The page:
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Pseudomonas aeruginosa bloodstream infection is a serious infection with significant patient mortality and health-care costs. Nevertheless, the relationship between initial appropriate antimicrobial treatment and clinical outcomes is not well established. This study was a retrospective cohort analysis employing automated patient medical records and the(More)
Pneumonia occurring outside of the hospital setting has traditionally been categorized as community-acquired pneumonia (CAP). However, when pneumonia is associated with health care risk factors (prior hospitalization, dialysis, residing in a nursing home, immunocompromised state), it is now more appropriately classified as a health care-associated pneumonia(More)
BACKGROUND Pathogens such as methicillin-resistant Staphylococcus aureus (MRSA) and Pseudomonas aeruginosa now cause pneumonia in patients presenting to the hospital. The concept of health care-associated pneumonia (HCAP) attempts to capture this, but its predictive value is unclear. METHODS We examined patients admitted with pneumonia; infection with a(More)
BACKGROUND Recent studies have suggested that early goal-directed resuscitation of patients with septic shock and conservative fluid management of patients with acute lung injury (ALI) can improve outcomes. Because these may be seen as potentially conflicting practices, we set out to determine the influence of fluid management on the outcomes of patients(More)
Vancomycin remains the reference standard for the treatment of systemic infection caused by methicillin-resistant Staphylococcus aureus (MRSA). However, as a result of limited tissue distribution, as well as the emergence of isolates with reduced susceptibility and in vitro resistance to vancomycin, the need for alternative therapies that target MRSA has(More)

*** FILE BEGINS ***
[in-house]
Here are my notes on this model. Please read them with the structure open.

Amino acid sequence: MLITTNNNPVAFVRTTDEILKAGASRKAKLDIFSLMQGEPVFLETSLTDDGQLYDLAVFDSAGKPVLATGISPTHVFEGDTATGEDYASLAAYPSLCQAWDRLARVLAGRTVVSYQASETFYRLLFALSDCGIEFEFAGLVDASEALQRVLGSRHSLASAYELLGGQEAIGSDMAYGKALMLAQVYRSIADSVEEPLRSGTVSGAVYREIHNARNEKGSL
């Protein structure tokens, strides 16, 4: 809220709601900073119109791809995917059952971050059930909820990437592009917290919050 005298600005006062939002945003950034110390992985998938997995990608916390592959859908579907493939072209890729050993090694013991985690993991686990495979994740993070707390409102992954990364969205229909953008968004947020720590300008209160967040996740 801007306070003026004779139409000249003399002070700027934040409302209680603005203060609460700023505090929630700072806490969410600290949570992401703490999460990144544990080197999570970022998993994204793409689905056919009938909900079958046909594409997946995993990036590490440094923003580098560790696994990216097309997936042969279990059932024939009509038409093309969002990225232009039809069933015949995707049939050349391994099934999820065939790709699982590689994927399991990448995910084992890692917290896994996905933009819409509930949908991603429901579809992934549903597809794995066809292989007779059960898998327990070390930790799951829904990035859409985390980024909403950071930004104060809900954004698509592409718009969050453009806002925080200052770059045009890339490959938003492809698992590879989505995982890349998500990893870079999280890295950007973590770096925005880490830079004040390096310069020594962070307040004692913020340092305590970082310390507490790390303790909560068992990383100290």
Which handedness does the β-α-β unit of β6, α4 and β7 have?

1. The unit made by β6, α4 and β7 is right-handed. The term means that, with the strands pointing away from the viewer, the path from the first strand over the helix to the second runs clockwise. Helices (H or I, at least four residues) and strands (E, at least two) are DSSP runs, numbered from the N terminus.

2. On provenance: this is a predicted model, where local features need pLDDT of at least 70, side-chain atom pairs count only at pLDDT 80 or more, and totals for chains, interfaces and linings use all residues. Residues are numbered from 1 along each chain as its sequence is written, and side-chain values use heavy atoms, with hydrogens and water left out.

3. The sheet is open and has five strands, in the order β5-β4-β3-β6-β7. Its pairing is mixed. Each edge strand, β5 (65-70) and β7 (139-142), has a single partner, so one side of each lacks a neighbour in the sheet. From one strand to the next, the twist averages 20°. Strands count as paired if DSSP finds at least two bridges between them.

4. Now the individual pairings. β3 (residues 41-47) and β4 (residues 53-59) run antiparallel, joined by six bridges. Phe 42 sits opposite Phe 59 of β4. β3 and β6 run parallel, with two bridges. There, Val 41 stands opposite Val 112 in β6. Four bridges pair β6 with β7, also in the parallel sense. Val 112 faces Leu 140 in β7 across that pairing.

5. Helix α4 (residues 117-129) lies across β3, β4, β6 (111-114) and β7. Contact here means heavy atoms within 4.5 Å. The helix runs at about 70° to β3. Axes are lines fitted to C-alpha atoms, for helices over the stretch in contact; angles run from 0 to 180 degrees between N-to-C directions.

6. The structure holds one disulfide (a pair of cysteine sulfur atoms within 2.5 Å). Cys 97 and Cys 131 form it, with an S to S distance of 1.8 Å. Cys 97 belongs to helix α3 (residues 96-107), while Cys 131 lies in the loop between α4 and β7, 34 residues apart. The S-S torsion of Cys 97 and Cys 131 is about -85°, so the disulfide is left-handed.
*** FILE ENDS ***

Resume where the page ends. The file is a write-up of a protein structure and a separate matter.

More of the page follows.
BACKGROUND Candida represents the most common cause of invasive fungal disease, and candidal blood stream infections (CBSI) are prevalent in the ICU. Inappropriate antifungal therapy (IAT) is known to increase a patient's risk for death. We hypothesized that in an ICU cohort it would also adversely affect resource utilization. METHODS We retrospectively(More)
The optimal approach for empirical antibiotic therapy in patients with severe sepsis and septic shock remains controversial. A retrospective cohort study was conducted in the intensive care units of a university hospital. The data from 760 patients with severe sepsis or septic shock associated with Gram-negative bacteremia was analyzed. Among this cohort,(More)
OBJECTIVE To compare heparin (3 mL, 10 units/mL) and 0.9% sodium chloride (NaCl, 10 mL) flush solutions with respect to central venous catheter lumen patency. DESIGN Single-center, randomized, open label trial. SETTING Medical intensive care unit and Surgical/Burn/Trauma intensive care unit at Barnes-Jewish Hospital, St. Louis, MO. PATIENTS Three(More)
OBJECTIVE To assess the timing of appropriate antibiotic therapy as a determinant of postinfection hospital and ICU lengths of stay in patients with sepsis. DESIGN Single-center retrospective cohort study (January 2008-December 2012). SETTING One thousand two hundred fifty-bed academic hospital. PATIENTS One thousand fifty-eight consecutive blood(More)
OBJECTIVES Classically, infections have been considered either nosocomial or community-acquired. Healthcare-associated infection represents a new classification intended to capture patients who have infection onset outside the hospital, but who, nonetheless, have interactions with the healthcare system. Regarding bloodstream infection (BSI), little data(More)